Provide healthcare to more Georgians, and protect rural hospitals: HB 669 would have authorized the necessary appropriations to fund Medicaid expansion and receive the matching funds from the federal government. This has been and will continue to be a priority as Medicaid expansion is the best solution for rural development. Expanding Medicaid will keep rural hospitals open by resulting in $1.3 billion annually in new economic activity and creating an estimated 70,000 jobs in rural Georgia. The 2016 uninsured rate in Georgia was 12.9%, the fifth highest in the United States. This rate could be cut nearly in half just by expanding Medicaid. The 240,000 Georgians caught in the coverage gap would have become eligible for Medicaid had this bill passed. Unfortunately, no action was taken on HB 669 prior to Crossover Day. However, due to the persistent efforts of the Democrats, partner organizations, and, most importantly, the people, HB 669 received a hearing in the Health Appropriations Subcommittee prior to Sine Die. This hearing was a significant step in bridging the coverage gap in 2019.
HB 1013 – Voting pre-registration
Ensure more of our young adults are ready to vote at age 18: This bill would move the age of pre-registering to vote from 17.5 to 16 years of age. Following the successful model of other states, this bill would encourage our young people to stay engaged throughout a full presidential election cycle, since that often starts two years before the day of voting.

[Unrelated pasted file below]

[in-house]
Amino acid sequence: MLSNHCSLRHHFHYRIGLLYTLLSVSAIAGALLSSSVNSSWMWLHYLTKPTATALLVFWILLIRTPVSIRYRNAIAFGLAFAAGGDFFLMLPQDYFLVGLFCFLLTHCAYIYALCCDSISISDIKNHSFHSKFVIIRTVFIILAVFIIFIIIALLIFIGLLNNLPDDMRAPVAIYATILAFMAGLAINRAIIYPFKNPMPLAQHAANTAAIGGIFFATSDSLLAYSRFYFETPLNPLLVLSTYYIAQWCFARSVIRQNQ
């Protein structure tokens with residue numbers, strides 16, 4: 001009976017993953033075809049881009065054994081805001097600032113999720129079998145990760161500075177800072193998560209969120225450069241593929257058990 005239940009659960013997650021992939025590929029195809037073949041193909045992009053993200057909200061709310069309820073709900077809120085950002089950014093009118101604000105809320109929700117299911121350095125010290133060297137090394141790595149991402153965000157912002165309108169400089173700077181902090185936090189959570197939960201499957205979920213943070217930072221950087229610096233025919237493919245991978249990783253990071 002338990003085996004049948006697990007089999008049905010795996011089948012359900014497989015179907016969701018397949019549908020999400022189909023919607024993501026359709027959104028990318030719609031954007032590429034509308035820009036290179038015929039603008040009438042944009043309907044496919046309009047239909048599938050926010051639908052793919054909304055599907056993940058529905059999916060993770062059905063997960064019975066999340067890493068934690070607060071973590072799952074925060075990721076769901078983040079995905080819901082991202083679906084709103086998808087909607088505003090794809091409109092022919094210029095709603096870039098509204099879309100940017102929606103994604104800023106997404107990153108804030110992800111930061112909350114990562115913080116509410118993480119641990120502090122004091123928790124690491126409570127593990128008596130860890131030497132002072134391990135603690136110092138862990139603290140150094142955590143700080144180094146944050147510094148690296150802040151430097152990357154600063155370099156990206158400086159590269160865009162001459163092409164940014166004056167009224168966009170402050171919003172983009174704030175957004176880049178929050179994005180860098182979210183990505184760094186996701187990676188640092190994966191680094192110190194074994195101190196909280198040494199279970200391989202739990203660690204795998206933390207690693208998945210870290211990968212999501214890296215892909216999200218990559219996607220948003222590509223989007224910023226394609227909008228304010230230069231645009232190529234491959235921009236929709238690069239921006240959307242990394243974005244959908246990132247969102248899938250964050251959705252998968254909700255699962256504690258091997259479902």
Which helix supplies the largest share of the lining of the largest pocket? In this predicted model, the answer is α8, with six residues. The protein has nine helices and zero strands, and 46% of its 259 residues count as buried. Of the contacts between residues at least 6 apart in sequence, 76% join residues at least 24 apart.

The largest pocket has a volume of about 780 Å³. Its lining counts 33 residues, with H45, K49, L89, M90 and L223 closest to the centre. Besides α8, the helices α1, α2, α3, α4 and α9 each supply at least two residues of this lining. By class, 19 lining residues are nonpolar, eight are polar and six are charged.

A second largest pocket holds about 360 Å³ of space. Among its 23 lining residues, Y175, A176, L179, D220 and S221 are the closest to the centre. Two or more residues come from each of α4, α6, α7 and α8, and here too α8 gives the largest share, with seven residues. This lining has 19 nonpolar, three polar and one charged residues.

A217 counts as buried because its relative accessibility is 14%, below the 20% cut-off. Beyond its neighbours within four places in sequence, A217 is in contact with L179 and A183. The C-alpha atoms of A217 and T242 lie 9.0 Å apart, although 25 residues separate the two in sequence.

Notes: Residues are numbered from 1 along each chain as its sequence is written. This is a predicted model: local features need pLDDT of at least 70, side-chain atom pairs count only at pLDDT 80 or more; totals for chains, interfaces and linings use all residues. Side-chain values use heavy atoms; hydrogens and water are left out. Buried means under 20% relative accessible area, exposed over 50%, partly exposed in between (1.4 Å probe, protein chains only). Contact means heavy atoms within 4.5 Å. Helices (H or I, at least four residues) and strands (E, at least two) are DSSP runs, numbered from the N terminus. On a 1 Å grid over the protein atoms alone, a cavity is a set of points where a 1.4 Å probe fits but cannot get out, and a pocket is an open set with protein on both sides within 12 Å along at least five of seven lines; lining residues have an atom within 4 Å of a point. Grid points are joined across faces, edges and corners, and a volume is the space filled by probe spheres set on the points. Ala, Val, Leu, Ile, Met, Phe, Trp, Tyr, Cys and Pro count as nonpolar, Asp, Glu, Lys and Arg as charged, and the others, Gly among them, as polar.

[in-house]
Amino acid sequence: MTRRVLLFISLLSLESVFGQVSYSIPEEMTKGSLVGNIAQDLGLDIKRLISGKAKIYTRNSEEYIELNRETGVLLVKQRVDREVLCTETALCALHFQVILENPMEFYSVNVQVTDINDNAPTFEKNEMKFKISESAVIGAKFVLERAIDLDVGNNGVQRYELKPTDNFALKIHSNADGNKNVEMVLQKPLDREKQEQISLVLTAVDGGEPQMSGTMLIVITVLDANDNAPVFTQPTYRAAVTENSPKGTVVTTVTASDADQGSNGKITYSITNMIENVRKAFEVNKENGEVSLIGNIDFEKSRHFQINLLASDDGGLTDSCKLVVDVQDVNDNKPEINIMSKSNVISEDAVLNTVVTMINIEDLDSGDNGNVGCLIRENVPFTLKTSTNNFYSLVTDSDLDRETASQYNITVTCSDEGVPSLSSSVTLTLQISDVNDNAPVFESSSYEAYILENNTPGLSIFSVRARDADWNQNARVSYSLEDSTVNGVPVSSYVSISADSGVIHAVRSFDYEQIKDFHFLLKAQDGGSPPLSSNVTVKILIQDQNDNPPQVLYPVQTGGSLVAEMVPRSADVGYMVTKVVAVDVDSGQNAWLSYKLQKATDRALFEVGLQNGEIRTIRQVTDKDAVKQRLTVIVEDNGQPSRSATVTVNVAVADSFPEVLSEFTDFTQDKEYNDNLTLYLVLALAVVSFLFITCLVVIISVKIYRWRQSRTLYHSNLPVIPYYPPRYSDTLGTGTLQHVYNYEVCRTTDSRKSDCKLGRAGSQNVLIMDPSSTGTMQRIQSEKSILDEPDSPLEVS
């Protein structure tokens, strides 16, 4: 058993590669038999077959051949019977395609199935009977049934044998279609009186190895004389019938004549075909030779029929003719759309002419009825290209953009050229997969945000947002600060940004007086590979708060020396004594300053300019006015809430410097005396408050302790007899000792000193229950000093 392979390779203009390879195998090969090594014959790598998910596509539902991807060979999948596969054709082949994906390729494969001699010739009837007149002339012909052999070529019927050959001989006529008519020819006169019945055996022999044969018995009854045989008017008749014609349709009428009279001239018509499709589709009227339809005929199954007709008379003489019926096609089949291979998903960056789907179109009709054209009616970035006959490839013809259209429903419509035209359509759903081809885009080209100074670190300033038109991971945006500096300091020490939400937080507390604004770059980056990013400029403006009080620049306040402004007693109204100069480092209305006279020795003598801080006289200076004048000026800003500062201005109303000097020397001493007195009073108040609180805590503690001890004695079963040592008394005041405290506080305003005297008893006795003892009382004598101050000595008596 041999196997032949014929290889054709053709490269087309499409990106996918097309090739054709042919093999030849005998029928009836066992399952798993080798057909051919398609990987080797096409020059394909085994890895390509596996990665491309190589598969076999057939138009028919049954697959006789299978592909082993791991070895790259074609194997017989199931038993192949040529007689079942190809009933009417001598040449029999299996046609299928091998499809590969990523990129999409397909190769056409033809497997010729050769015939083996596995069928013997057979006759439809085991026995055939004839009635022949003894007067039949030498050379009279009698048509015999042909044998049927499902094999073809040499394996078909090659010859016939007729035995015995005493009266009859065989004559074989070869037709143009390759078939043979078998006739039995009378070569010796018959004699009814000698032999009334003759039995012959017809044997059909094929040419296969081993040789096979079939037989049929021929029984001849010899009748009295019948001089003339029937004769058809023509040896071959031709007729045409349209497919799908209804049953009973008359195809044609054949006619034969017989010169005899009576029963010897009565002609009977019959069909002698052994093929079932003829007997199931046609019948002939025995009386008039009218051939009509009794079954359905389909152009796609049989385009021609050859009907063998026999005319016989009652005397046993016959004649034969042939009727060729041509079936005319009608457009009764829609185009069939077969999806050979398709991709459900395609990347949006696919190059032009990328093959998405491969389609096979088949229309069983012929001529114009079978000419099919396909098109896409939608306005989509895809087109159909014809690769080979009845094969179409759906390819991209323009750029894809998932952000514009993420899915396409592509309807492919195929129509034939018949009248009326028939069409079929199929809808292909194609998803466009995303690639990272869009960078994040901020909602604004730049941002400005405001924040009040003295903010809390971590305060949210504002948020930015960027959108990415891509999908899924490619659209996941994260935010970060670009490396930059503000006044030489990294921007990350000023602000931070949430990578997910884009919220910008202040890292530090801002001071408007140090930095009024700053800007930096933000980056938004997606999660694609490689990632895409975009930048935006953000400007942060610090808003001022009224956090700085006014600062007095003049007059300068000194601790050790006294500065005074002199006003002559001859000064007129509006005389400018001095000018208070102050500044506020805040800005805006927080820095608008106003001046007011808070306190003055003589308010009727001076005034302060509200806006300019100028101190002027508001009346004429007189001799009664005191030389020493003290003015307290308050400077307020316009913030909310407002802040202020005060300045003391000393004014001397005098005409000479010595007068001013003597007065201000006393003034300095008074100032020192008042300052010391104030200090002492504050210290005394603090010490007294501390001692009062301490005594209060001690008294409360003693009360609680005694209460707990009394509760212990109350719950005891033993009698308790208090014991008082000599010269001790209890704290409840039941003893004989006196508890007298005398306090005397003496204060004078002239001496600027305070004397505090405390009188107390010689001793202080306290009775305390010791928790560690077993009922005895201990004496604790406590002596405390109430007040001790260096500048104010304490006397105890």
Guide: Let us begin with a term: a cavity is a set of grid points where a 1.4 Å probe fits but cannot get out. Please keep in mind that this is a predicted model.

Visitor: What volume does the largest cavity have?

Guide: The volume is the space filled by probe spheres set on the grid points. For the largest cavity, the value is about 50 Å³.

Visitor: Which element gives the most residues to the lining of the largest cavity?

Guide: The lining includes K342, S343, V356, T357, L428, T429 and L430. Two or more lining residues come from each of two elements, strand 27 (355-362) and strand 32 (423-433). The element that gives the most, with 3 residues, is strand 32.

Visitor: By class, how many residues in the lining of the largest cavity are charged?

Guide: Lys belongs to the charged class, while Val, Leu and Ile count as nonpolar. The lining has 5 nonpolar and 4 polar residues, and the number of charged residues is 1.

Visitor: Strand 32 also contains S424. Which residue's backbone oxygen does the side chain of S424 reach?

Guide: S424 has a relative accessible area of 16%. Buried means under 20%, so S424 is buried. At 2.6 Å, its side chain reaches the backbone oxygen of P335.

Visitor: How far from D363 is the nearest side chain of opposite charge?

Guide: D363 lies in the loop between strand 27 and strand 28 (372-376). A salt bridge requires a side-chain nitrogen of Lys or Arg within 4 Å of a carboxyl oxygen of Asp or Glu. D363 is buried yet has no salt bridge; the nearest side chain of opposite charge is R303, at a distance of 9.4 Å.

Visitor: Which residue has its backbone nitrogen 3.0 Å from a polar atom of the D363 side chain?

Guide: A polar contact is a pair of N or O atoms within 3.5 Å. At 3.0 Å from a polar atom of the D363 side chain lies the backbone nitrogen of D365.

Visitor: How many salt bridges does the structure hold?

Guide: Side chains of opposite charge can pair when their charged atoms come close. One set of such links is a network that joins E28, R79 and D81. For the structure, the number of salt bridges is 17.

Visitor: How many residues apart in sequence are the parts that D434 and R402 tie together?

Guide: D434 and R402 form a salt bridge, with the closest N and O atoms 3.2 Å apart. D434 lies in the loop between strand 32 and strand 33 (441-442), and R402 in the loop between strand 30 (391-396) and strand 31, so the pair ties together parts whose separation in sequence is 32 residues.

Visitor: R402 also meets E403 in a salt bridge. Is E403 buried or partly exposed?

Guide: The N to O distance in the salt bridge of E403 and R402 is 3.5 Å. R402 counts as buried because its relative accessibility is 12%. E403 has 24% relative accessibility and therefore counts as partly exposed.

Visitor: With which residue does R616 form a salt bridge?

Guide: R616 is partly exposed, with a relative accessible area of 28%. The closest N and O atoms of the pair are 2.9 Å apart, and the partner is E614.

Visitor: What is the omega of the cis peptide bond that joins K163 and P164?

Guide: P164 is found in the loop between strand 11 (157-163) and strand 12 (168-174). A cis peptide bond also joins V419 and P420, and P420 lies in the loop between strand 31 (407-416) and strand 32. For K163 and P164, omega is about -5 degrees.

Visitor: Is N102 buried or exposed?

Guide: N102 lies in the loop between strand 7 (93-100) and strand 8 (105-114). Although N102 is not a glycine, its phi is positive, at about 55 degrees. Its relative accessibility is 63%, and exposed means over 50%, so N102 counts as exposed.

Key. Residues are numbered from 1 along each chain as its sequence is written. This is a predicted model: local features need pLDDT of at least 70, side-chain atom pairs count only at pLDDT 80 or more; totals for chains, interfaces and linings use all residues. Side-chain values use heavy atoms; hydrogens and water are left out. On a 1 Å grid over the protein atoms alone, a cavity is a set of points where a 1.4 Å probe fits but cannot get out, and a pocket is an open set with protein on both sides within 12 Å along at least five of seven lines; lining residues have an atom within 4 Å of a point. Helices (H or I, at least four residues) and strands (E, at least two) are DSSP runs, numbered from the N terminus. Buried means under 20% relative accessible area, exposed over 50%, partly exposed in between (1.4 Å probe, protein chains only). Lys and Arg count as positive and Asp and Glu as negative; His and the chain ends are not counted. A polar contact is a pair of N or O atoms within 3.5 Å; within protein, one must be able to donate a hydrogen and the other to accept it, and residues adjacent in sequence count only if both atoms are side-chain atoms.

HB 786 – Disallow insurance discrimination for victims of sexual assault
Protect sexual assault systems from losing their insurance coverage: Currently, an insurance company is not allowed modify rates or cease coverage for a person who was a victim of family violence. This bill extend that protection to victims of sexual assault.
HB 955 – HOPE full tuition bill
Make college more affordable for families in Georgia: I was a cosponsor of HB 955 which would update HOPE to fully cover tuition as opposed to only a portion of tuition.
These are only a few of the most noteworthy pieces of legislation that I worked on this session, In addition, there were a number of other pieces of legislation I sponsored, co-sponsored, or worked hard to persuade others on both sides of the aisle to vote for.
On the Horizon
Independent Redistricting Commission
I strongly believe that voters should choose their officials. With partisan gerrymandering, it is the other way around. Establishing an Independent Redistricting Commission is something I’ll be working towards in the off session.
Earned Income Tax Credit